Under the Defamation Act 2013, people must demonstrate that the publication of a statement has caused or is likely to cause serious harm to their reputation to bring a claim for defamation against the publisher.
What constitutes 'serious harm' has been considered by the High Court and Court of Appeal since the Act came into force, but the test is now set to be determined by the Supreme Court in the first libel case under the new Act to reach the UK's highest court since the legislation came into force. The Supreme Court has granted permission to Independent Print Limited and the Evening Standard to appeal a 2017 Court of Appeal ruling in a case involving articles published about aerospace engineer Bruno Lachaux.
The Court of Appeal considered articles published by the Independent newspaper, its sister publication the 'i', the Huffington Post and the London Evening Standard which contained allegations about Lachaux. He has claimed that the articles were defamatory of him.
In its judgment, the Court of Appeal assessed how the 'serious harm' test under the Act should apply.
It first rejected the idea that people bringing defamation claims must prove, at a preliminary stage of proceedings, that they have suffered, or are likely to suffer, 'serious harm' as a result of defamatory comments made about them for those claims to move to be considered at trial. Often, defamation trials are preceded by hearings to consider the defamatory meaning of the statements complained of.
The Court of Appeal said that it can be inferred, from the seriousness of the meaning of the defamatory comments complained of, whether serious harm has been caused, or is likely to be caused, it said.
The High Court, in considering the case previously, had been wrong to state that detailed arguments between the parties over whether the 'serious harm' threshold had been satisfied should be established at a pre-trial hearing, the Court of Appeal said.
However, it said consideration of issues relating to whether the 'serious harm' test has been satisfied could be assessed at pre-trial hearings as part of an assessment of the defamatory meaning of statements. In those circumstances, judges should generally infer that the 'serious harm' threshold has been met "if the meaning so assessed is evaluated as seriously defamatory", the Court of Appeal said.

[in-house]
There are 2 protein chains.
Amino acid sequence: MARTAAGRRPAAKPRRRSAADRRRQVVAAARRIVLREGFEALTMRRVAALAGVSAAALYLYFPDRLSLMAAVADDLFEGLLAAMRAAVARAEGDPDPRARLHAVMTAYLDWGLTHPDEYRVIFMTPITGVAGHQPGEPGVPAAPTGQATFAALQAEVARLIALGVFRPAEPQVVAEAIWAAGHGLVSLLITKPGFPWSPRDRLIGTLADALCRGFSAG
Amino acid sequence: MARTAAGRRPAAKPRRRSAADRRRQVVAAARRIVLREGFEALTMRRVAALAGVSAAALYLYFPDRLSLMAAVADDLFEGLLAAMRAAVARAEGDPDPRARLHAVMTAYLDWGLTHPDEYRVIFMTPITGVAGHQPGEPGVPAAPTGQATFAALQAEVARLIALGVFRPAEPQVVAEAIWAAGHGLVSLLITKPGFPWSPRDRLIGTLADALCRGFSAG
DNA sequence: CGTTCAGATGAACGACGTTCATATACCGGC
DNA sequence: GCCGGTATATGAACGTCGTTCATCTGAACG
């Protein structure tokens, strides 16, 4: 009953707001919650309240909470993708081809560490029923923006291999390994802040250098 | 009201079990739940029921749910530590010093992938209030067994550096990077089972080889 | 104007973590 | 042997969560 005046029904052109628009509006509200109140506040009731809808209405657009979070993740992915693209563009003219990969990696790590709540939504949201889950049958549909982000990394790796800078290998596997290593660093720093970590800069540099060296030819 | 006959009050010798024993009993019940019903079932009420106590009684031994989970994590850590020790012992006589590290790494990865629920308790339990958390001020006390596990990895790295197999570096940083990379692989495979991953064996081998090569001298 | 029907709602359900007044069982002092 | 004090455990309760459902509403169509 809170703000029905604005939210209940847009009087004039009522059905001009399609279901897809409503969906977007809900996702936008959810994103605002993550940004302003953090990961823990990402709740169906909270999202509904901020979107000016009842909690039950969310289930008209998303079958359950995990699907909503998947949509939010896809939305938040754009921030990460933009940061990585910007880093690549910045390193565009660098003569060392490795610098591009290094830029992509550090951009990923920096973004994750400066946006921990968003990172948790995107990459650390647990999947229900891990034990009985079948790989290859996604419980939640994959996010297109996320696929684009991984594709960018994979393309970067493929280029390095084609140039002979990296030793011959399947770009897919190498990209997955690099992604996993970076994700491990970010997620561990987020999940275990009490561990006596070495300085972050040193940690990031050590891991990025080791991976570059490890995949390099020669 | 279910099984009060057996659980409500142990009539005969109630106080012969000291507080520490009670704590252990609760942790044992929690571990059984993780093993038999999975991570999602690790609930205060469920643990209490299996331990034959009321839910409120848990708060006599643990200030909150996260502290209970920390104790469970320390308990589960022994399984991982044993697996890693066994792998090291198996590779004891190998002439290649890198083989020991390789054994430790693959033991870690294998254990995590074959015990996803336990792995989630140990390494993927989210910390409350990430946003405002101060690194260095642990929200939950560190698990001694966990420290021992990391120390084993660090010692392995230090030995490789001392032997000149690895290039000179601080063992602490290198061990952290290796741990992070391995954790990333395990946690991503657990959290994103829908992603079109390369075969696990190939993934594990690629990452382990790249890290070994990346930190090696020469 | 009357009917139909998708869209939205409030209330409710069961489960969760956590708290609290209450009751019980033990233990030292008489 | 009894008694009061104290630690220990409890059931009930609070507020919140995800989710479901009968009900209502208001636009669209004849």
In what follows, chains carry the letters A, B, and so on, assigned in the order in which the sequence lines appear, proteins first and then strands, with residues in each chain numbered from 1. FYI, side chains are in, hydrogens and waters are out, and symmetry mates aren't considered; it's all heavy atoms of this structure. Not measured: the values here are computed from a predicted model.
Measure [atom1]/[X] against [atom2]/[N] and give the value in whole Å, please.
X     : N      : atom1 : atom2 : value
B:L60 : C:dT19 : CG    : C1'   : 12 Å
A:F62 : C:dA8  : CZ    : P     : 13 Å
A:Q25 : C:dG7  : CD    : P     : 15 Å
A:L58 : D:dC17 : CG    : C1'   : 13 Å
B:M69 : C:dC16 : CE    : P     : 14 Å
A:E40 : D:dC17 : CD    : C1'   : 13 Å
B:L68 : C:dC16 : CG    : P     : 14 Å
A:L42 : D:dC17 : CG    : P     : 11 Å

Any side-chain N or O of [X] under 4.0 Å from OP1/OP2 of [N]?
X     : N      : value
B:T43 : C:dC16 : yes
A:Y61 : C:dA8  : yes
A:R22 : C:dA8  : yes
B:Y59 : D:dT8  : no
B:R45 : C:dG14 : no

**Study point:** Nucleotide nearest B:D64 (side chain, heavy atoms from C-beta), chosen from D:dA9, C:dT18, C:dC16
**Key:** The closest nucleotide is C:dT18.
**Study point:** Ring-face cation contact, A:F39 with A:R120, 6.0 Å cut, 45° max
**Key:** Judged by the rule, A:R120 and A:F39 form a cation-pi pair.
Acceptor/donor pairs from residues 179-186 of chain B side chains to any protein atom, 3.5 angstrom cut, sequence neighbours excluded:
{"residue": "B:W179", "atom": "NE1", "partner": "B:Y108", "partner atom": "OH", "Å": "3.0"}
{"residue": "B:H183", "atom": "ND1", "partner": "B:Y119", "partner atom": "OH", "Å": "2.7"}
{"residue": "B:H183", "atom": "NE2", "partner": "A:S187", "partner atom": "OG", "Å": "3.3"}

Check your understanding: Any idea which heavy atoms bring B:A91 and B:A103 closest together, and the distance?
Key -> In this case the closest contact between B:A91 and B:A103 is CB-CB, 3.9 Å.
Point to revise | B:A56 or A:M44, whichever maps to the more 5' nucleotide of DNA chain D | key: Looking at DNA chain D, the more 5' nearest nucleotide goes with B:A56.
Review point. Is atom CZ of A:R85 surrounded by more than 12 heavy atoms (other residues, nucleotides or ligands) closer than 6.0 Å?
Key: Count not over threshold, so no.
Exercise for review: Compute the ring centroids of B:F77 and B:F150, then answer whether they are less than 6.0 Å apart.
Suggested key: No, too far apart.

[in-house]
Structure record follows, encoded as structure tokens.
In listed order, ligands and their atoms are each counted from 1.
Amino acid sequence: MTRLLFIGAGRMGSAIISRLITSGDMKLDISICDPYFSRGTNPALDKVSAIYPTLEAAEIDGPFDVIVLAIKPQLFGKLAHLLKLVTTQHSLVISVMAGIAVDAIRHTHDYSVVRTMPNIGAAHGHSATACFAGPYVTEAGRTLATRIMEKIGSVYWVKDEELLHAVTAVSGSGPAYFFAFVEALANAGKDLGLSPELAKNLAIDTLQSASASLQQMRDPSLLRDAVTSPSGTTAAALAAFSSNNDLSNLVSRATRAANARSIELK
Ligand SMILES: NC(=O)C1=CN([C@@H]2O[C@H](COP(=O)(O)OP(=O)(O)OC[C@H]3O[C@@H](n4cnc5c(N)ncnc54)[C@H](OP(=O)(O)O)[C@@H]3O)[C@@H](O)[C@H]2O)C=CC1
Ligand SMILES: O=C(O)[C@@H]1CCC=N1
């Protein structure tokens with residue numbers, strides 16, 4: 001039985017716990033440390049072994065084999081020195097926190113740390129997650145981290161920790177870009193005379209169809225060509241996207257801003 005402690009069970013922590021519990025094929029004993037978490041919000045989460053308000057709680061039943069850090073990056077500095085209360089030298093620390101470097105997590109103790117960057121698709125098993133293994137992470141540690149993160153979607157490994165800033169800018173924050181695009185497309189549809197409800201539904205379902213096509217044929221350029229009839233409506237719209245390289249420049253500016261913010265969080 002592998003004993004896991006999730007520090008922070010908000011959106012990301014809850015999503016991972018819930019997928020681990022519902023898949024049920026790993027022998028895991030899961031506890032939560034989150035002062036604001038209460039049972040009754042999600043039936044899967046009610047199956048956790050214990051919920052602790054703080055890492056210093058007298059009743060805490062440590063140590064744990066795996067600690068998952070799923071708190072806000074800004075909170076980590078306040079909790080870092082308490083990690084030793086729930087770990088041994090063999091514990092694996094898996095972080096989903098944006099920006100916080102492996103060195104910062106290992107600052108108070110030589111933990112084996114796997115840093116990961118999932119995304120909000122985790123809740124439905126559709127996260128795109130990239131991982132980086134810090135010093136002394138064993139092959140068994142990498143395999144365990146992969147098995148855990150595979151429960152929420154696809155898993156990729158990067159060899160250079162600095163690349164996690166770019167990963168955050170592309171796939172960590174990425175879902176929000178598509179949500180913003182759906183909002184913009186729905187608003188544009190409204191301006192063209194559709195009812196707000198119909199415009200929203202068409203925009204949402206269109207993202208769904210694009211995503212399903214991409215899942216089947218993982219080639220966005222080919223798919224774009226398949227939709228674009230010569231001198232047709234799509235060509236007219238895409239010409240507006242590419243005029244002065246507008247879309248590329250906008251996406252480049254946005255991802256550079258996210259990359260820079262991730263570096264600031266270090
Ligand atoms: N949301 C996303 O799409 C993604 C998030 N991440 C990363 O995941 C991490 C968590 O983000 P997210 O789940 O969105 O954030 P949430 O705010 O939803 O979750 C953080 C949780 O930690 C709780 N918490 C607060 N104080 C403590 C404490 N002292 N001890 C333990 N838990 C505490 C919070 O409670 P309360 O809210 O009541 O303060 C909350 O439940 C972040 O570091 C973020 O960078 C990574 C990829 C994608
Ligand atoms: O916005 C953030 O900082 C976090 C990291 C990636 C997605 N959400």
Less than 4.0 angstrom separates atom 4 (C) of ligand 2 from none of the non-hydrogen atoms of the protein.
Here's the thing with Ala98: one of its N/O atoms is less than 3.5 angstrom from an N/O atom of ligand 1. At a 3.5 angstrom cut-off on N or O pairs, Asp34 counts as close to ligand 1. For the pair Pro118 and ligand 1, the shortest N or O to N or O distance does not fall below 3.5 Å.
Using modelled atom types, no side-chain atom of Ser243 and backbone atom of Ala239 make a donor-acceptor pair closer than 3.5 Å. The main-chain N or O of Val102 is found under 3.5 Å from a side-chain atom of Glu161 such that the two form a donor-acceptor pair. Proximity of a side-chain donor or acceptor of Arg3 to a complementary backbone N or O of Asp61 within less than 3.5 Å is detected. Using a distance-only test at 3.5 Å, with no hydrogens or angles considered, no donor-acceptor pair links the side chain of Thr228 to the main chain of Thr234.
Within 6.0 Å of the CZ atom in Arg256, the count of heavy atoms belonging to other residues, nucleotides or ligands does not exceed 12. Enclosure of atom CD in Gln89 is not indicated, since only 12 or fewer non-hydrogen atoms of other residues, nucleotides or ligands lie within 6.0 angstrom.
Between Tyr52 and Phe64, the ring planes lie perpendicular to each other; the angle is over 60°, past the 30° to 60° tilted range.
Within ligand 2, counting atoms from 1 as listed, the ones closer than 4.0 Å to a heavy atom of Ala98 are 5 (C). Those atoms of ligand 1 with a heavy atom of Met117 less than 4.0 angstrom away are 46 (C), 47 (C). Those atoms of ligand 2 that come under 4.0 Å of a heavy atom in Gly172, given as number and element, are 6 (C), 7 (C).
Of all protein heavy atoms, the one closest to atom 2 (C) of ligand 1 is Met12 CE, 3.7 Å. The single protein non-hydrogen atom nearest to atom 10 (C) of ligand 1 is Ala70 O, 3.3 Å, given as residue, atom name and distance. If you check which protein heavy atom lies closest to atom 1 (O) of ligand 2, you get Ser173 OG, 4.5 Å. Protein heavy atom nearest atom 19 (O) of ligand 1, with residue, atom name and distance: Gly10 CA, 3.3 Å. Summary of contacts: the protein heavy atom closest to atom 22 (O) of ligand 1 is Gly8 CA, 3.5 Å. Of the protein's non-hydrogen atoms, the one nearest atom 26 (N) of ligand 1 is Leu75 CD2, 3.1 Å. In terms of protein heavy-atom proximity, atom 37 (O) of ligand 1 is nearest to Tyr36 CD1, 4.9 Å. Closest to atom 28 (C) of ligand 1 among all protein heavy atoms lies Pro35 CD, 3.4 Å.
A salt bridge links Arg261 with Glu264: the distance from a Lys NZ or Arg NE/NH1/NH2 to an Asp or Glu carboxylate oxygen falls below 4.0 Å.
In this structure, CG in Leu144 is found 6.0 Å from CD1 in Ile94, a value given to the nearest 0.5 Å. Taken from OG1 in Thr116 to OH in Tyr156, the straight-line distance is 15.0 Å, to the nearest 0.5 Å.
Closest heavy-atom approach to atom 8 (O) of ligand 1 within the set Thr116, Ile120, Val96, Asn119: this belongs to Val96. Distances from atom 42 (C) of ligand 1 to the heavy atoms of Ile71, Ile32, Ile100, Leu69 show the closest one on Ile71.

"Serious reputational harm is capable of being proved by a process of inference from the seriousness of the defamatory meaning," said Lord Justice Davis in the Court of Appeal's ruling, adding that, where necessary or appropriate, "the context in which the words are used (for example, in a newspaper article or widely accessed blog)" may also be considered.
The Court of Appeal maintained that the approach it put forward did not preclude those defending defamation claims from making a summary judgment application or applying to have the claim struck out as an abuse of process.
The court was also careful to make clear that the protocols may be different when determining whether the 'serious harm' threshold has been satisfied in cases where businesses have brought claims for defamation.
The procedures the Court of Appeal has set out around the application of the 'serious harm' test are, though, now set to be scrutinised by the Supreme Court after it granted some of the publishers in the Lachaux case permission to appeal against the Court of Appeal's judgment. Dates have not yet been set for hearings in the case.
Imogen Allen-Back, a specialist in media law at Pinsent Masons, the law firm behind Out-Law.com, said: "There is certainly a question mark over whether the decision of the Court of Appeal gave effect to the desired intention of parliament to 'raise the bar' for bringing a claim in defamation, rather than simply giving statutory effect to the 'substantial harm' threshold that was established in case law in 2010 in Thornton v Telegraph Media Group. At the very least, practitioners are hoping for some much needed guidance on the difference between 'substantial' and 'serious' harm."